Chico Hamilton’s El Chico (1965)
After Szabó moved to California in the early ’60s, he linked up fairly quickly with drummer Chico Hamilton, who encouraged him to find his own sound, which he would under Hamilton’s tutelage. Szabó’s first star-making performance occurs not on his own albums, but on Hamilton’s El Chico, and specifically “Conquistadores,” a song that would go on to be one of Hamilton’s calling cards. It’s Szabó’s guitar riff that brings the song’s charging percussion a spaced-out quality; while the band is conjuring a village of drummers, Szabó is cutting like steel in a dexterous riff both through and around them. It’s the performance that would allow everything that came after, when you get down to it. The rest of the album lives up to that singular song, too.
Gypsy ’66 (1966)
When left to his own devices for his Impulse! Debut, Szabó started inventing his own jazz vernacular, one that could incorporate bebop, Renaissance-era European music, modern pop, and his own Flamenco-tinged guitar phrasing. His debut as a bandleader, Gypsy ’66 lays out his vision quickly: It opens with a cover of the Beatles’ “Yesterday,” its title track is a winding road jam that wouldn’t be out of place on a Grateful Dead record, and he covers two songs from orchestral jazz pioneer Gary McFarland. It’s a head-trip of a record that would lay the groundwork for everything that came after.
Szabó’s second 1966 album for Impulse! is his first masterpiece, an engaging, winding album that would become a touchstone for a wide swath of jazz-influenced guitarists, from Santana to Steely Dan’s Walter Becker. Just the title track alone let’s you know that Szabó was, in 1966, outside of Hendrix, maybe the best guitarist alive. He plays like he has 22 fingers and is able to turn riffs on a dime. If you pick up no other Szabó record than Dreams, make it this one.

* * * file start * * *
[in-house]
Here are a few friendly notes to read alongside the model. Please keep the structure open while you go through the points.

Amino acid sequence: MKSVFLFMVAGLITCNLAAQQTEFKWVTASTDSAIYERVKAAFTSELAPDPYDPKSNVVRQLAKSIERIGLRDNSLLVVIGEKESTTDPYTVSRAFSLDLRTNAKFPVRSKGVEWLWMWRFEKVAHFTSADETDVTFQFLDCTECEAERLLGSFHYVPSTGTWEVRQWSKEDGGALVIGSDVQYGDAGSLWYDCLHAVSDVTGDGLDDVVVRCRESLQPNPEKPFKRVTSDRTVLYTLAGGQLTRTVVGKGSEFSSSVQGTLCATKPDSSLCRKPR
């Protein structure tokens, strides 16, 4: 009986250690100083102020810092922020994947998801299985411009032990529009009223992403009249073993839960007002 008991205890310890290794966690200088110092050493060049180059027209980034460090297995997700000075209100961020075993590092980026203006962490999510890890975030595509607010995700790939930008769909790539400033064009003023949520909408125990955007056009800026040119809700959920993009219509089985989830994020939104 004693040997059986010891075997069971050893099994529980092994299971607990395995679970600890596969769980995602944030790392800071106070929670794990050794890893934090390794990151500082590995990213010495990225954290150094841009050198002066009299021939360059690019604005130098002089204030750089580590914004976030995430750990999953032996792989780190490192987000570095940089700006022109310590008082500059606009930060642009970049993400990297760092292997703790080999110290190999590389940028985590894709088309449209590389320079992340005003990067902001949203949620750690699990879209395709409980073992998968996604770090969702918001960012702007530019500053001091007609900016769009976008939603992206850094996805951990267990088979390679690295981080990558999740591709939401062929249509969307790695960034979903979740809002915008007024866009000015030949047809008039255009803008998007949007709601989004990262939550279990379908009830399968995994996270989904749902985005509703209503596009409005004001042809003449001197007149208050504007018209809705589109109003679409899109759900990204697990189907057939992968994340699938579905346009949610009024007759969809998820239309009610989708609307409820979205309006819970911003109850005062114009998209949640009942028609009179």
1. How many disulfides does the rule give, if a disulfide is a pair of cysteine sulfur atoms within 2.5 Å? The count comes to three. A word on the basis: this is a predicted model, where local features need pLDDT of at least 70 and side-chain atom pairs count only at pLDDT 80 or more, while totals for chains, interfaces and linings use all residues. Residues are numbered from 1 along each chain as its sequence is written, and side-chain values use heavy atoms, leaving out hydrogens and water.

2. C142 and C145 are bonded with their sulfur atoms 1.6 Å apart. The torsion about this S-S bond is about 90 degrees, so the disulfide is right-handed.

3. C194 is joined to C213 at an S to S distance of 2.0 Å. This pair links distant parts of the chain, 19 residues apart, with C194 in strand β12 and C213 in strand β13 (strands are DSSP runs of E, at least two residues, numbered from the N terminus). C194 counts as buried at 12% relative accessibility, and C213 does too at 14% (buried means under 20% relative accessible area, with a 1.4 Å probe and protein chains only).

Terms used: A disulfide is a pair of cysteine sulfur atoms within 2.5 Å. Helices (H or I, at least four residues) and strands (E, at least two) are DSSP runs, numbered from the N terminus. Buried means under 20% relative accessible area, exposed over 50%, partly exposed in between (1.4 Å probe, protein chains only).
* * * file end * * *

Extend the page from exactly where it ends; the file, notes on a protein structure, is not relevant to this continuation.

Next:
Szabó was insanely prolific from 1966-1968, releasing seven albums between Spellbinder and this record. Wanting to take more control over his music, he joined forces with McFarland and Cal Tjader to launch Skye Records, and one of the label’s first releases was this LP, which found Szabó bridging the gap between psych-rock and his jazz; this might be the first acid-jazz LP to ever exist. The centerpiece of this album is Szabó’s cover of Donovan’s “Sunshine Superman,” which he flips on its ear.
Lena and Gabor (1970)
The most successful LP in Skye Records history — the label would declare bankruptcy shortly after its release — this LP pairs Szabó with the formidable Lena Horne, making her return to vocal jazz after four years away. The album has Szabó delivering rock-solid lounge jazz that allows Horne to showcase her still-sensational vocals, particularly on covers like “Everybody’s Talkin’” and George Harrison’s “Something.” Horne would ride the success of this album to the charts, while Szabó would chase his muse on indie operations for most of the early ’70s.
Charles Lloyd’s Waves (1972)
We’re in serious deep-cut territory here, but this record is too bonkers to be ignored: In 1972, Szabó teamed up with former Chico Hamilton bandmate Charles Lloyd, Byrd guitarist Roger McGuinn, and the literal Beach Boys to make this spaced-out, mellow record. It’s about the only jazz album to ever feature the vocal stylings of Mike Love, and it’s easily the weirdest LP Szabó worked on in his years between Skye and his later commercial success.
In the late ’70s, a number of jazz artists went fusion crossover, making soft-jazz records that would be equally dope to hear in the middle of a cocaine binge or in a bank lobby. George Benson was the god of this era, but Szabó’s Nightflight is another signpost for the era. It actually contains his biggest hit — the frictionless “Keep Smiling” — and features him turning his guitar into a watery vapor behind the smooth sounds of the rest of his band. Depending on your state of mind, you could argue this album predicted chillwave, but either way, it was Szabó’s biggest LP, and one of the last he recorded for an American recording company before his death in 1982.